The technique is simple – tear the mushrooms into bite-sized chunks along the fiber.
The fiber of the mushroom usually runs from end to end of the mushroom. Make the pieces as big or small as you like. For even and consistent cooking, it is best to keep the pieces about the same size. You can also tear clumped mushrooms in a similar way to yield small bunches of mushrooms (think: shimeji, enoki, or maitake).
Tearing is great to try with any mushroom! I like to tear white button mushrooms in half before frying in butter. Another plus of this technique (in my opinion) is avoiding that funny squeaking sound that mushrooms seem to make when sliced with a knife.
2. Cracking Cucumbers
I have also seen this technique used in Chinese cooking. This works best with long, thin, seedless cucumbers. If you have an Asian market near you, you can probably find Japanese style cucumbers there. Or English cucumbers would work well too.
To crack the cucumber, lay it on a cutting board. Place the flat surface of a large knife against the cucumber and pound lightly when your other hand. The cucumber will crack into four sections. Slide the knife along the cucumber and repeat until the whole cucumber is completely cracked. Then break into bite-sized pieces.
Cracked cucumber is delicious in summertime foods. Try tossing with your next green salad. Or make the chunks slightly smaller and add to tabbouleh. If you leave the pieces long, the cucumber looks quite appealing on a veggie tray and the rough edges scoop up lots of dip or hummus.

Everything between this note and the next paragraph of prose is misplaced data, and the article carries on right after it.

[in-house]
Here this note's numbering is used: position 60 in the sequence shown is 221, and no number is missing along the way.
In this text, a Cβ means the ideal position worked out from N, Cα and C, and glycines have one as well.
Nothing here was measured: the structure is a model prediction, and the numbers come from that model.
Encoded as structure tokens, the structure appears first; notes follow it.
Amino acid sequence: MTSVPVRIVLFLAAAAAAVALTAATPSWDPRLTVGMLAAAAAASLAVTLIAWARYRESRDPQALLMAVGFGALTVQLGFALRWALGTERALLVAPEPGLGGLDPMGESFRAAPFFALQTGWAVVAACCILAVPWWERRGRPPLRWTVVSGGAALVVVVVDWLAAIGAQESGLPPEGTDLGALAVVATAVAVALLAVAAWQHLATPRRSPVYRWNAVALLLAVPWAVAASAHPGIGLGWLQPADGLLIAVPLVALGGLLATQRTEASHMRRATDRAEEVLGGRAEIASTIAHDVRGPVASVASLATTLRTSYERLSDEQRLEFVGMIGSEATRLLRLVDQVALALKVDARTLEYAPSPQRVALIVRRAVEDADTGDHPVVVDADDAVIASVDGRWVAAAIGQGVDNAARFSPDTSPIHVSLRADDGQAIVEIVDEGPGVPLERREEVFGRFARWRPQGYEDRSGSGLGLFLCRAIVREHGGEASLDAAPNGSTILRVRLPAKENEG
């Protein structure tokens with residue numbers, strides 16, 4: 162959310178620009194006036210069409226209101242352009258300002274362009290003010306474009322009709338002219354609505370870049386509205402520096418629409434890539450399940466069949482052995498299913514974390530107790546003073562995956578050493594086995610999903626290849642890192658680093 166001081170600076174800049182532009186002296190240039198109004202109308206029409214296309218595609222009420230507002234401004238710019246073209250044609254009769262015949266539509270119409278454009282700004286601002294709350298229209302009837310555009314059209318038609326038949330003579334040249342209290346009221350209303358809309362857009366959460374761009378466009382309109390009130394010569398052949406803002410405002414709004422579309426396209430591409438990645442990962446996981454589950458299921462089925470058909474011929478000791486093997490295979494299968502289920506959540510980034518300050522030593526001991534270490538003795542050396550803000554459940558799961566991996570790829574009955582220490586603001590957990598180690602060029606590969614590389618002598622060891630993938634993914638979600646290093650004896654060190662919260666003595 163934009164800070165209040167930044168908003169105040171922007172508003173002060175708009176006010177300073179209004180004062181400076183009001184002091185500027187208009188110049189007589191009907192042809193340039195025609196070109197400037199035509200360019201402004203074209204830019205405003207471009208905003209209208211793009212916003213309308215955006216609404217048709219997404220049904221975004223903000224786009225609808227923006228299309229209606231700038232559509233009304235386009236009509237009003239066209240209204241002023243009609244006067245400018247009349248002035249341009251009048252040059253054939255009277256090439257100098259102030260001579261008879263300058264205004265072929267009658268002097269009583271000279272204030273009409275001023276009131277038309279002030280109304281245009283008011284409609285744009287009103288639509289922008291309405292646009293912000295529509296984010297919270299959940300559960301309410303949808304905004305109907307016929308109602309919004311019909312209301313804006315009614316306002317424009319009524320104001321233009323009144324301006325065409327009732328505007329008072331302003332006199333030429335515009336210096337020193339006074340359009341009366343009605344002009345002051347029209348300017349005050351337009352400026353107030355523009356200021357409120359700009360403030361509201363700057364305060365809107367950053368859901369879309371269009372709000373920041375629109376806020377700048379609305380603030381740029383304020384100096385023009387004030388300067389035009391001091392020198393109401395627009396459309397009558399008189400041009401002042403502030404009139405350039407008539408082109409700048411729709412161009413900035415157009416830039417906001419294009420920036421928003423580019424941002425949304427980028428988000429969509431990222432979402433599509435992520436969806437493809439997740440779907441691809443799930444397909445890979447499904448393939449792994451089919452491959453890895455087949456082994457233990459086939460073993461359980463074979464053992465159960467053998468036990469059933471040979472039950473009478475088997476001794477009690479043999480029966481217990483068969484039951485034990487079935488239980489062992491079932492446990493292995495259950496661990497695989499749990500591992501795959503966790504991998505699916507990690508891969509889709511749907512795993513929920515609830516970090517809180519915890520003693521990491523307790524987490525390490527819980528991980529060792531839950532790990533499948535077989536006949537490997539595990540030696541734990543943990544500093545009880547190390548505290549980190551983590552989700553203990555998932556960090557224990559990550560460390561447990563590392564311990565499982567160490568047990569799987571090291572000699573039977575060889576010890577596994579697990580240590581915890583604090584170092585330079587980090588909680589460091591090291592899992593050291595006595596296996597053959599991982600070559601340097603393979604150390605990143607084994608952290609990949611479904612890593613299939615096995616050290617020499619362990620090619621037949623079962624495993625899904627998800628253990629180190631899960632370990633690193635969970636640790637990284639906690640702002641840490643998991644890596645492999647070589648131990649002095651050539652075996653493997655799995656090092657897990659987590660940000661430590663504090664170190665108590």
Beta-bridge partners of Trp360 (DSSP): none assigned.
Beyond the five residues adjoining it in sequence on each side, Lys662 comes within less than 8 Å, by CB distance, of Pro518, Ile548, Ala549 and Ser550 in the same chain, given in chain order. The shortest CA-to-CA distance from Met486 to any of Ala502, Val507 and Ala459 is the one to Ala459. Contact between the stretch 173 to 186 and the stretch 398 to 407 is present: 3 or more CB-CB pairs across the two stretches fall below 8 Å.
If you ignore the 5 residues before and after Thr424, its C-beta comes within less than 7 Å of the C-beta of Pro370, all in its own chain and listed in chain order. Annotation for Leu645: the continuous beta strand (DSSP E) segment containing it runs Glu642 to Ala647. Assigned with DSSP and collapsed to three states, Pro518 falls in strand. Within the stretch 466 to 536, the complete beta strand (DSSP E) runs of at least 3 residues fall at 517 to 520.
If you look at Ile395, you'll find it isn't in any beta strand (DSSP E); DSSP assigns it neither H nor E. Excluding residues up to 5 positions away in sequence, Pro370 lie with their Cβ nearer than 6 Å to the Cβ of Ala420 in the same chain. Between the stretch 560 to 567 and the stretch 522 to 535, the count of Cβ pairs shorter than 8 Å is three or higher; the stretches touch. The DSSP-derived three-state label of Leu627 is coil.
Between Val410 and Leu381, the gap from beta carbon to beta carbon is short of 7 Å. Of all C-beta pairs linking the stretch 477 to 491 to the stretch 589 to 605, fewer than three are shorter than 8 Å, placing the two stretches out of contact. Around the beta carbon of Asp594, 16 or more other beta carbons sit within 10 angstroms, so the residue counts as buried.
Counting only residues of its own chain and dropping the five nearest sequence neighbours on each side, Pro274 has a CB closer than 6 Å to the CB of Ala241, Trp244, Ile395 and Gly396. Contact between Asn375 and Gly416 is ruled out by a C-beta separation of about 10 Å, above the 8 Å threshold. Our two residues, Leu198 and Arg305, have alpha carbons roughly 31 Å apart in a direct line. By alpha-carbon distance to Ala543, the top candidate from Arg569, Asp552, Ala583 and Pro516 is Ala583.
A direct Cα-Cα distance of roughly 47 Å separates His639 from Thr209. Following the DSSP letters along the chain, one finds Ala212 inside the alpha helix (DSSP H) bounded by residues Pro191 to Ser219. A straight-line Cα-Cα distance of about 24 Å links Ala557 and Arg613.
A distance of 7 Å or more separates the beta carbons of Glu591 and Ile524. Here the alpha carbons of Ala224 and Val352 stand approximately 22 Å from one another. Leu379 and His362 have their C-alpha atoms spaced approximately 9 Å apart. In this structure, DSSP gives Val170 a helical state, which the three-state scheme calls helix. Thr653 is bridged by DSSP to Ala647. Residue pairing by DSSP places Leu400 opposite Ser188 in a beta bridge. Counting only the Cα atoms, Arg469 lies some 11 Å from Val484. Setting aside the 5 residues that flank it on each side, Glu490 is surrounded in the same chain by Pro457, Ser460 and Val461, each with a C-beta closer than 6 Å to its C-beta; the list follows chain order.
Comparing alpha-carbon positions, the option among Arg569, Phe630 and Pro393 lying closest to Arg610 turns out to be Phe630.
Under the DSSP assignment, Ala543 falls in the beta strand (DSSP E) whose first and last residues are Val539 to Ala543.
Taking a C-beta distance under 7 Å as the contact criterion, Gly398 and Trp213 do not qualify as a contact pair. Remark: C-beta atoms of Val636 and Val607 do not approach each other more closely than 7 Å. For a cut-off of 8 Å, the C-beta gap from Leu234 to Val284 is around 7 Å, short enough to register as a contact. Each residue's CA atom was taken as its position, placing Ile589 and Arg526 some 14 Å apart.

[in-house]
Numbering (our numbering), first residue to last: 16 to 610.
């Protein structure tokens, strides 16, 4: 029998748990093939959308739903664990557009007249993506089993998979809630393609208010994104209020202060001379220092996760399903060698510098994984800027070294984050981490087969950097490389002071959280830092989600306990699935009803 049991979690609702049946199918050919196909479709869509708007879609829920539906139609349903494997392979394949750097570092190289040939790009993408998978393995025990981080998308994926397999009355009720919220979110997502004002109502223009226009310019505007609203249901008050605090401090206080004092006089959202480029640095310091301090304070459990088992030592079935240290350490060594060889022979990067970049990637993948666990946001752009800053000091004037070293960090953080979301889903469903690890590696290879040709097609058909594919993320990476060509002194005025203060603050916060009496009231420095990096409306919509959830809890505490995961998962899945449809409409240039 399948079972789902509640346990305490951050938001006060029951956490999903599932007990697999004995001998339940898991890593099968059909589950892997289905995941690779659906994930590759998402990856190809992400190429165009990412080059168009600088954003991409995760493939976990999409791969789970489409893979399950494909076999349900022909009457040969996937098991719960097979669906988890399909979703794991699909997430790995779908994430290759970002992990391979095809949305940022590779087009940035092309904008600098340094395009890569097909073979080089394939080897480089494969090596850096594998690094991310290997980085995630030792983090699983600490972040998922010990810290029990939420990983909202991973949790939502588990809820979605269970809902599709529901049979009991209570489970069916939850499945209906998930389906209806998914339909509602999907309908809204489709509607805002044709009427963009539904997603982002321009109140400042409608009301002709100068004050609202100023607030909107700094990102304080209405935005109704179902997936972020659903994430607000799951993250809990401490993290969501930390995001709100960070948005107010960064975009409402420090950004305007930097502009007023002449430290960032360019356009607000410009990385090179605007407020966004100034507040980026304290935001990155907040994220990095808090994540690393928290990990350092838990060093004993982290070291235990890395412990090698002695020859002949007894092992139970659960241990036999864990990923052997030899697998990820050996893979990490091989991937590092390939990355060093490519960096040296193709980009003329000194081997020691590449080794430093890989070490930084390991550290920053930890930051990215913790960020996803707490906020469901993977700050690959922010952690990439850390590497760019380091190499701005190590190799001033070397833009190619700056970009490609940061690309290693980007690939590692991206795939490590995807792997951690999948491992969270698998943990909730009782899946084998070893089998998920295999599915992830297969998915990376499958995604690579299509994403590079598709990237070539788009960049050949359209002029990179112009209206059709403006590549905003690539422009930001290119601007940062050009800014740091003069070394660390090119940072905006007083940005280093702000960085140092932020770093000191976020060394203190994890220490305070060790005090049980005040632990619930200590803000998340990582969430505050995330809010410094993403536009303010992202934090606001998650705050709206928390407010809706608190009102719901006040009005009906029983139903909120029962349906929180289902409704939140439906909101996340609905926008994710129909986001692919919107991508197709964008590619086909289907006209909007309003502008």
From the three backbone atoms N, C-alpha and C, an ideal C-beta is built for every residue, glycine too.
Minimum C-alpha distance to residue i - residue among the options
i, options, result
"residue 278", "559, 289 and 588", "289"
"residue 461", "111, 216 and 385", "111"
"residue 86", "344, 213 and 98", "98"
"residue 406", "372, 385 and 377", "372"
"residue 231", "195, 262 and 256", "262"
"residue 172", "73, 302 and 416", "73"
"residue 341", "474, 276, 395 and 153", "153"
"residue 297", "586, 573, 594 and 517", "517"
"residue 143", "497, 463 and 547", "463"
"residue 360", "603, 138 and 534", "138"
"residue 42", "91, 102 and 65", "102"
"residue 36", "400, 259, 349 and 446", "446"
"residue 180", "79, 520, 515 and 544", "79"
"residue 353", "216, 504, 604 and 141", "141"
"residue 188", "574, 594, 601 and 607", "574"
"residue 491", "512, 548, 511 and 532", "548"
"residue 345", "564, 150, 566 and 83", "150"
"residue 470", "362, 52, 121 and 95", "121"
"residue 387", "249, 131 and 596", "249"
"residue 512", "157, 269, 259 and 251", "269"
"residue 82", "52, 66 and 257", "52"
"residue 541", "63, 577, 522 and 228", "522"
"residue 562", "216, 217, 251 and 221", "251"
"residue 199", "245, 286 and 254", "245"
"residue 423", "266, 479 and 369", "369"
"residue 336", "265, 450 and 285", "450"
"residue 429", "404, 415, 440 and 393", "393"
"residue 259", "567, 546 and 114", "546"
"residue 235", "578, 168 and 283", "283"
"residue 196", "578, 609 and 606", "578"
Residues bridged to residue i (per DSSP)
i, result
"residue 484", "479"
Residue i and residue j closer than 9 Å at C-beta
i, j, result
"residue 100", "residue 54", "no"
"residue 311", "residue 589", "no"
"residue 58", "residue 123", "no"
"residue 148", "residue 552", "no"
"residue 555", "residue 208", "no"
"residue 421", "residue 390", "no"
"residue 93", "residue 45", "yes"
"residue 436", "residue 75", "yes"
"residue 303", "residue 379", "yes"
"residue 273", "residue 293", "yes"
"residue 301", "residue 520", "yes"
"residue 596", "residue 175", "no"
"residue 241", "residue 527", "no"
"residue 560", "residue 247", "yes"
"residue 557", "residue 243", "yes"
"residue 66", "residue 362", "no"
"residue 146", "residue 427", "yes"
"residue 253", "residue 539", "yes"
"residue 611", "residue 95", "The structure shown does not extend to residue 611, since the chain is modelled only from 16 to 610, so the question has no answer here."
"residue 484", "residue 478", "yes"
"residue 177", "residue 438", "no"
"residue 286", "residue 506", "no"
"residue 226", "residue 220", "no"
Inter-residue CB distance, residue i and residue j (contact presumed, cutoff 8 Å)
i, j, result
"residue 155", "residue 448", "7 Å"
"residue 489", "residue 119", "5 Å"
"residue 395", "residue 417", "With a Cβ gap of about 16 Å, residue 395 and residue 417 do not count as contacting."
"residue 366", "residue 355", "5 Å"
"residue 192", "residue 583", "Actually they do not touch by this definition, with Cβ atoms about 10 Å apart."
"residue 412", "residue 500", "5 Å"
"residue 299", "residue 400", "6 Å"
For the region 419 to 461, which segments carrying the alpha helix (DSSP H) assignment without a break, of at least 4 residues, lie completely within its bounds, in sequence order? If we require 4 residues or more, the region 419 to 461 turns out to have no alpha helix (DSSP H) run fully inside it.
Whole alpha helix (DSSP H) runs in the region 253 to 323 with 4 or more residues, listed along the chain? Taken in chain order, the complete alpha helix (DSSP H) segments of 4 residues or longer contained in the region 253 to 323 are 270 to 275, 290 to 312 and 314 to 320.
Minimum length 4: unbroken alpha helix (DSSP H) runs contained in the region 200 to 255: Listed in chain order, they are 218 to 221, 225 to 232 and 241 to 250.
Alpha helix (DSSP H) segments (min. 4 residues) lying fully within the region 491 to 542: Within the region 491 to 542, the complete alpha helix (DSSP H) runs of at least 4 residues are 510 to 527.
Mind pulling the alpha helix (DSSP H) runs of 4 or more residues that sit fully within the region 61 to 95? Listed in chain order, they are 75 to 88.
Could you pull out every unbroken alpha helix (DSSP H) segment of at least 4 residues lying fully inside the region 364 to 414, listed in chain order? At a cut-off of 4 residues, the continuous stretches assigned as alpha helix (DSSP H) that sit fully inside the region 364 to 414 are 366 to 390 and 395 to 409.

For a classic Japanese dish, prepare the cracked cucumber with a simple sesame dressing. Simply mix: vinegar (2T), soy sauce (1T), sugar (1t), and a dash of sesame oil, and stir with the cucumbers. For extra sesame flavor, add toasted sesame seeds.
3. Smashing Gobo
Gobo is the root of the Japanese burdock plant. It looks like a brown carrot, except much much longer! Gobo roots can be as long as 3-4 feet (that is why it is usually dug and harvested by hand). Gobo sold in grocery stores, usually has had its dark brown skin removed. It might still look brown because the flesh of the gobo quickly oxidizes when exposed to air. Gobo has traditionally been used as a medicine, in addition to being eaten. It is nutritious with high levels of fiber and nutrients. Plus gobo is yummy! The white flesh inside tastes crisp and sweet, with earthy tones.
In Japanese cuisine, gobo has many uses – shredded and stir-fried, slivered and simmered, boiled, stewed, braised, baked – you name it! I have seen fried gobo chips in Japan. Also my favorite donut shop in Japan (Mister Donut) had a special edition baked gobo donut years ago. I still dream about that donut.
Smashing gobo is definitely the way to go. Fast and fun! (Watch a short video here)
To smash gobo, peel the gobo. Then using a heavy bottle (or the butt of a heavy knife, or a rolling pin), lightly pound the gobo until the cracks. Pound along the length of the gobo until it is completely cracked. Use your hands to roughly shred and separate the gobo.
Smashed gobo can be stir-fried. Or boiled for 5 minutes and dressed with the same sesame dressing used for the cracked cucumbers. Try adding a dash of red pepper flakes for extra spiciness!
If you are interested in trying gobo, but cannot find it in a grocery store or Asian Market near you, there are a few products to buy online. You can try pickled burdock or tea, or even grow it yourself from seeds!